When I finally decided to put a stop to it, once and for all, I was left with thequestion bothering everybody: Are you ever truly removed, once and for all?
– Zadie Smith
On September 14th 2010, 15:26, I committed suicide. For the first time.
Digital suicide. I eliminated my virtual avatar to return to the gritty heaven of reality. Nowadays this includes the realms of the Internet and the Inbox. But Facebook is a different domain, it is the Republic of social networking where friends multiply daily and people one hasn’t seen in years have the audacity to “poke” one. Becoming a citizen means gaining virtual immortality. Suicide is transient; you log out for a while and see if you can life without or outside of fb. If your friends of blood and flesh are many enough friends, good enough friends. If you can go for a day without shouting your status update from the rooftops. If you can find pleasure in a photo that you haven’t uploaded yet.
Yes, I can. I have been digitally dead for eight weeks and counting. I deactivated my facebook profile to re-experience how life used to be before Zuckerberg’s ultra App upgraded society from 1.0 to 2.0. But my avatar remains in the I.C.U., personal data and pictures vegetating in an anonymous data center, awaiting that one specific click.
Why did I finish myself off? For one thing my Zuckerbergian existence had been exacerbating a condition that most screenagers have been suffering for years: Clickitis, the obsessive-compulsive clicking from one page to the next for hours, for no good reason. If facebook has had any part in my death then I believe it started with this: killing my time. And, perversely, making me the murderer. The vexing paradox of our times: attention, say the Internet gurus and Work-life-balance consultants, is the most precious resource and yet the Apps that absorb it most efficiently often feel like a perfect waste of time :s To a certain degree then my facebook auto-da-fé was an escape from this paradox – I was tired of my half-life as a clickitic zombie.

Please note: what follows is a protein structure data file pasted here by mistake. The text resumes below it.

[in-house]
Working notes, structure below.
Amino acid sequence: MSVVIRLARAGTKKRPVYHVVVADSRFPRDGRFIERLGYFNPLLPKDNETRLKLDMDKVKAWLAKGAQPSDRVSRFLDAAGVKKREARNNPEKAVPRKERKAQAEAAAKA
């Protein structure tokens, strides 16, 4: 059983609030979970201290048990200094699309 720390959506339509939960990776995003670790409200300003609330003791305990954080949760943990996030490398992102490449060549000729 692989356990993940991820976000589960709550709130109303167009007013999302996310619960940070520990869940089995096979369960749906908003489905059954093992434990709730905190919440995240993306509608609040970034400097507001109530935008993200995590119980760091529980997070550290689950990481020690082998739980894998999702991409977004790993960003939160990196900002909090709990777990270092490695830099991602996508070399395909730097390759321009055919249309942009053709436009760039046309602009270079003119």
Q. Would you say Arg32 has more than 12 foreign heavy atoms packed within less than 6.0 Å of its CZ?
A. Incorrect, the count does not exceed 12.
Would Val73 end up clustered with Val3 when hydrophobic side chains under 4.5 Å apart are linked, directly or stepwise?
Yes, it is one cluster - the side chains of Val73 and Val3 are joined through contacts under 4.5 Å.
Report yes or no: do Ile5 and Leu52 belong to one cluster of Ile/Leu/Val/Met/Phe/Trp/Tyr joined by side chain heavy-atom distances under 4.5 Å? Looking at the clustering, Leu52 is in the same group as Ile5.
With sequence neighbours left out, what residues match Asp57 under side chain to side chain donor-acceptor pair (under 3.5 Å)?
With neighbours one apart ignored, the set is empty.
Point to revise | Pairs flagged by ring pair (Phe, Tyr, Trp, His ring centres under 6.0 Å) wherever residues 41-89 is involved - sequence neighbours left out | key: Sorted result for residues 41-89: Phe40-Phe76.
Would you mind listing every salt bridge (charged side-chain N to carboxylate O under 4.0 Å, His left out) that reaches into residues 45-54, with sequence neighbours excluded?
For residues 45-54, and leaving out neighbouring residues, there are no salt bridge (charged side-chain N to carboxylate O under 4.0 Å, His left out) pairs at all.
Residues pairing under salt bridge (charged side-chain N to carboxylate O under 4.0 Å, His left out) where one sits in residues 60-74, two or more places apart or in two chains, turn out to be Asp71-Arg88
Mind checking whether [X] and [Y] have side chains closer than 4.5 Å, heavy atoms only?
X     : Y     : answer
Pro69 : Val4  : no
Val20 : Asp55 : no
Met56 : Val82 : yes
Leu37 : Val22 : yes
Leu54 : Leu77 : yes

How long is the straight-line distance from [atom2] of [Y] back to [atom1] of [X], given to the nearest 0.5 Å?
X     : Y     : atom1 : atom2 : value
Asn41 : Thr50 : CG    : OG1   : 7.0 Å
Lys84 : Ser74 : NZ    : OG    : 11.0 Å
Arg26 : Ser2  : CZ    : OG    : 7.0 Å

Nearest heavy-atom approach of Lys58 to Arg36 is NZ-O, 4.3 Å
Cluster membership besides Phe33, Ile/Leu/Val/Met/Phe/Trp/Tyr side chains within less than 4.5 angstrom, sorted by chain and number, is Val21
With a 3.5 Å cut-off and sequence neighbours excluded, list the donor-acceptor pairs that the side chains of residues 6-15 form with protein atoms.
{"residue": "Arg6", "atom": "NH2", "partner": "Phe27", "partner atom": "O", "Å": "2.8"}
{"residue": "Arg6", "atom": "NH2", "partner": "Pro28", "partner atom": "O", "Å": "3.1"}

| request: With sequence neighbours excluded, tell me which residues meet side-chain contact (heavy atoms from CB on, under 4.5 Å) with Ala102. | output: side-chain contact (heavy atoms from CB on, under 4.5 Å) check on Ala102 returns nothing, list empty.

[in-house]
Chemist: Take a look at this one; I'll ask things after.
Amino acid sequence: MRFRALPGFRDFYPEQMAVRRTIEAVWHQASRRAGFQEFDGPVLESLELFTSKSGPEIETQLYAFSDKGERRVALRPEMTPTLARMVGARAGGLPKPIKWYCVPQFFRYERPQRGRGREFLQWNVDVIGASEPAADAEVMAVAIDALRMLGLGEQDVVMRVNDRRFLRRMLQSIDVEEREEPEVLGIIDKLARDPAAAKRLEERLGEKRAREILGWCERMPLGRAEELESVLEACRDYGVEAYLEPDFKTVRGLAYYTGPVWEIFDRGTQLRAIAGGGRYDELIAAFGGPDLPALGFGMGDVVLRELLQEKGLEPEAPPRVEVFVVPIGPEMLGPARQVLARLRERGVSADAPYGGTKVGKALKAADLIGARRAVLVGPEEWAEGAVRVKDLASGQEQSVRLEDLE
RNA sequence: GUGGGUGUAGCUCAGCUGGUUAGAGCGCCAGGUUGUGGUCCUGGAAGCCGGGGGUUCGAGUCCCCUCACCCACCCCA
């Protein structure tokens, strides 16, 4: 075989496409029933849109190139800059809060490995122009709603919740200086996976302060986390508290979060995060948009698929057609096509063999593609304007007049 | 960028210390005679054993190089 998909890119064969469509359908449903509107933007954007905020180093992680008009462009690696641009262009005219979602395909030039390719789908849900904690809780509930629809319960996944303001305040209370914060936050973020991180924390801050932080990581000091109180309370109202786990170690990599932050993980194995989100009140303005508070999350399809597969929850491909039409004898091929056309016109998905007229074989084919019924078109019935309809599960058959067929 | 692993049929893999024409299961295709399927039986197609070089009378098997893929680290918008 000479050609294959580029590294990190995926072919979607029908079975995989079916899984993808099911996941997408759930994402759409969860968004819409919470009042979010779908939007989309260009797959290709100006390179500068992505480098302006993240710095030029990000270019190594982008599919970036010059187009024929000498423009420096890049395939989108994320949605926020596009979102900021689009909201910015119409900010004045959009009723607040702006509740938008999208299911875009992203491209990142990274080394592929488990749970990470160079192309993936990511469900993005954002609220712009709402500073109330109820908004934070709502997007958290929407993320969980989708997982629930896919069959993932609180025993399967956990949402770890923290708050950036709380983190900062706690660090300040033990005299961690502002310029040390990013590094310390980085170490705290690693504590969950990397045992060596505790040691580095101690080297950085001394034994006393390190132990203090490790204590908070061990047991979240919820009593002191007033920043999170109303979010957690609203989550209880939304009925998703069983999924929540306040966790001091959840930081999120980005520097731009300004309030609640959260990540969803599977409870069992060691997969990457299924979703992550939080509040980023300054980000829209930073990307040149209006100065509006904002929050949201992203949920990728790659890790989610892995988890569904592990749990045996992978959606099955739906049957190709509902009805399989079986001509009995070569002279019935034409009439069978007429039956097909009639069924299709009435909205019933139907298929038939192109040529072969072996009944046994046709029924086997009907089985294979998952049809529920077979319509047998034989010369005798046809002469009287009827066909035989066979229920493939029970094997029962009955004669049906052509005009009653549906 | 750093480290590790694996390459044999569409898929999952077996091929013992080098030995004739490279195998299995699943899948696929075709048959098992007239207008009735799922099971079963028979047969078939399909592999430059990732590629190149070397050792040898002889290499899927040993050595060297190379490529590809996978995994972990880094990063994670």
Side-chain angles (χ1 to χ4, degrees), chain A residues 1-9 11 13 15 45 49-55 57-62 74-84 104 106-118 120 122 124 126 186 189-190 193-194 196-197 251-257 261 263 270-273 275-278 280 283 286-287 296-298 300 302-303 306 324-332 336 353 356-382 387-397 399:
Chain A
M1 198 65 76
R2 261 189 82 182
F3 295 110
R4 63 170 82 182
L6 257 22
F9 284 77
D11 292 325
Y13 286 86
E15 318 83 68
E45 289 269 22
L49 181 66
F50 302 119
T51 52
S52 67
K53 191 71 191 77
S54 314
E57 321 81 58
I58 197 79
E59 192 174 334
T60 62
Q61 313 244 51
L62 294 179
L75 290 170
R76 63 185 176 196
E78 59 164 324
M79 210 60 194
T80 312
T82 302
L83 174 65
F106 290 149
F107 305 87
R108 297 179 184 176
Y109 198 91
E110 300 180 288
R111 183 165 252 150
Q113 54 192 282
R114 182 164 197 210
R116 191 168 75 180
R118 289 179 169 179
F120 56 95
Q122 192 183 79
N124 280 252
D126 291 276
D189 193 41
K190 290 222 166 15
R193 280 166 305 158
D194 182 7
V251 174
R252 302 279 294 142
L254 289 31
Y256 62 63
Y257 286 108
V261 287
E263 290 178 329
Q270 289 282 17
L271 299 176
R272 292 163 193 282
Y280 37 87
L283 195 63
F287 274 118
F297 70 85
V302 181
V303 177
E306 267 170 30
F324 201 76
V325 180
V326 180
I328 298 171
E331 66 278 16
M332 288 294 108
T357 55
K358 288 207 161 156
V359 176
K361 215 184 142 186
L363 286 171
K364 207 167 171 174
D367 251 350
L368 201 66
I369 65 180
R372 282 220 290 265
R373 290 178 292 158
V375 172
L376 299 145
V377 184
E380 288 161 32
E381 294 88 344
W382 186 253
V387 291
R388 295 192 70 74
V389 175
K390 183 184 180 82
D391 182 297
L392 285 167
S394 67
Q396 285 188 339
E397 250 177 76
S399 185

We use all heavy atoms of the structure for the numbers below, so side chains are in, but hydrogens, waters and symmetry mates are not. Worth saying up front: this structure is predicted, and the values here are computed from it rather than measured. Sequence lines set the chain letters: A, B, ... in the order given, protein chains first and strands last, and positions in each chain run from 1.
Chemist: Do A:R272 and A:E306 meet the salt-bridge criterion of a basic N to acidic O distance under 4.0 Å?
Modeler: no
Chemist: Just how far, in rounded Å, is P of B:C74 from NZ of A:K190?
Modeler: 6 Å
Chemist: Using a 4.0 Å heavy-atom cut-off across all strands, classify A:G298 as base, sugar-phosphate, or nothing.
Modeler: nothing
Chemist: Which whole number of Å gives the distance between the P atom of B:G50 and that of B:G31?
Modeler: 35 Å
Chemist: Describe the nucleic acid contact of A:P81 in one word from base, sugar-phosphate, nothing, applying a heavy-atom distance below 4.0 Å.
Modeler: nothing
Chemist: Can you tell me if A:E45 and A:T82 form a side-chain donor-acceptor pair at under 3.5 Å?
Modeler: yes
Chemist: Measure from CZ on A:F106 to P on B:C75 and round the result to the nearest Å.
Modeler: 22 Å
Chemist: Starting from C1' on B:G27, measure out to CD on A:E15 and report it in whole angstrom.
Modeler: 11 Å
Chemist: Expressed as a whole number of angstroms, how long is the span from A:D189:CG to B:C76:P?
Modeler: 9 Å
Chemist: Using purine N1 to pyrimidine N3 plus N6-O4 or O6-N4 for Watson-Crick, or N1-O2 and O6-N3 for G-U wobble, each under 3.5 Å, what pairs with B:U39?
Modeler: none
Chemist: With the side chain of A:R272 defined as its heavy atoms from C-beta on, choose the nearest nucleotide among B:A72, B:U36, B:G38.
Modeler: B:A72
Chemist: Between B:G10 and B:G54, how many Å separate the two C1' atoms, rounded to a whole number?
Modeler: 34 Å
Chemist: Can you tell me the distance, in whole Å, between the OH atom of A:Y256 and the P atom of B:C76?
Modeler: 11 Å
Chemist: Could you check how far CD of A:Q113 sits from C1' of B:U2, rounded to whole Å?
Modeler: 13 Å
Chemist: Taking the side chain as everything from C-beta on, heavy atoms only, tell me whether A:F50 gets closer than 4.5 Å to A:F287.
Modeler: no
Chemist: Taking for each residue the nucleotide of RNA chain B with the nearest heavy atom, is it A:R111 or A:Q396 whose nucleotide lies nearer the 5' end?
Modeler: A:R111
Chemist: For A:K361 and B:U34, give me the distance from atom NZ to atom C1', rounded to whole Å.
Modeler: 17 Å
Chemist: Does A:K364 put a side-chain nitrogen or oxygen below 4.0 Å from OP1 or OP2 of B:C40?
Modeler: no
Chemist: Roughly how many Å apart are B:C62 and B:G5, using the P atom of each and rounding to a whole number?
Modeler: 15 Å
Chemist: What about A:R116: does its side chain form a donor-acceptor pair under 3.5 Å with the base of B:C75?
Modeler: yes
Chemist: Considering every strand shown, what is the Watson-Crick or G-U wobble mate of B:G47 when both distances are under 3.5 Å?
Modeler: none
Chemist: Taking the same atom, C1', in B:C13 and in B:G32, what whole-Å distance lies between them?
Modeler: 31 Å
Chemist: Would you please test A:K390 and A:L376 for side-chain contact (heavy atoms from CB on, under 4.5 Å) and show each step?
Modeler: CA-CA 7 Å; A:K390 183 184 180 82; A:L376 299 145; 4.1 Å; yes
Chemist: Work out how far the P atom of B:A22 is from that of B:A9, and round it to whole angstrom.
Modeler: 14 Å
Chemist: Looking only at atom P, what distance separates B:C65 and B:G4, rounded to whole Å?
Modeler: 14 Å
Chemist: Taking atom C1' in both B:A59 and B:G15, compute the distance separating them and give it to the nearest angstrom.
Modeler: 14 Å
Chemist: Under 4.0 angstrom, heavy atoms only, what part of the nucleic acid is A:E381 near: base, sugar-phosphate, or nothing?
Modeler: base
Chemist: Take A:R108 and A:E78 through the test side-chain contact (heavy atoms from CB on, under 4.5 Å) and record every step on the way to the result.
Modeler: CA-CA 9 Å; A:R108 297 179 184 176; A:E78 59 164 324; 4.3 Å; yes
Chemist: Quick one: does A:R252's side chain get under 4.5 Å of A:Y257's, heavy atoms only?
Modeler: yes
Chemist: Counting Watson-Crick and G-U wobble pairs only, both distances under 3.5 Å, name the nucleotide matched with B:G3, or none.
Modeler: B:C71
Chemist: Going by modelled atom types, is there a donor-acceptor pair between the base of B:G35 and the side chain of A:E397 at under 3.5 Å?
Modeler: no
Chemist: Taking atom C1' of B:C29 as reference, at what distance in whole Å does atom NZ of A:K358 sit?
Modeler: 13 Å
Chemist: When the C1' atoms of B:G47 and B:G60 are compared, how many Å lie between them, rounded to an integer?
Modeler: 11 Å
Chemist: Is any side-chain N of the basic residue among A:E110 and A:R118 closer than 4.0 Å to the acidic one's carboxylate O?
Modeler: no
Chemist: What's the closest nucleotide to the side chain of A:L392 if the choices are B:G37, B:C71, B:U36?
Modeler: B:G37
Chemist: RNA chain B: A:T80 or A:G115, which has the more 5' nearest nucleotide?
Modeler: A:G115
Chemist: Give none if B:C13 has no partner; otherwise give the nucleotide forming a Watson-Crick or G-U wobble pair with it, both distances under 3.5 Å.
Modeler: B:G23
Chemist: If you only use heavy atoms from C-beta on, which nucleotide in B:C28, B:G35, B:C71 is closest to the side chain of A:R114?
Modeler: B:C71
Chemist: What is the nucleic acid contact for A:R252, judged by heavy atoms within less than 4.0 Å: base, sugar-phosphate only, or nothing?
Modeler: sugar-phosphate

The second reason was purely narcissistic: my status updates on which I was wasting so much mental firepower were not generating as much feedback as I was expecting… or needed. Facebook is perfect for succumbing to the Reality TV fantasy that there is always an audience to play to that will reward one’s fancy stunts. Instead of a carrot and a stick there is the comment function. And so poor me felt I was not getting enough attention, which I suspect is what most people secretely feel.
The third motivation was to conduct a social science self-experiment. The standard reply to the question: Are you on facebook? Is A) “No”, followed by a display of incredulity by the facebook member or B) “Yes”, which is the more socially approved response. But never have I heard “Not anymore, my friend”. I wanted to experience this new status, the post-facebook existence.
What initially surprised me the most was how long my impulse to enter status updates survived. For six or seven weeks these little, non-sensical statements kept popping up on the inside of my closed eyelids and I found myself saddened by the demise of my fb avatar. Was my experiment really worth having all these micro-epiphanies go to waste?
The second surprise, a blowtorch to my styrofoam-crafted ego, was that only one or two people made any inquiries about my departure. It seems that the social networking platform exists in a curious middle-distance: once one has vacated the fb premises the close friends have other channels to know that one is alive and kicking, while the mere acquaintances indeed do not care. So going AWOL on Facebook is at most a petite mort, a little death.
I am in week seven or eight now. What hasn’t manifested yet, which I had fully expected, is a sense of disconnectedness. That it would feel bad about not to be up-to-date on what is going on in my friends’ lives on a daily basis and that I would begin feeling removed, isolated. Drifting away from 24/7 social interaction.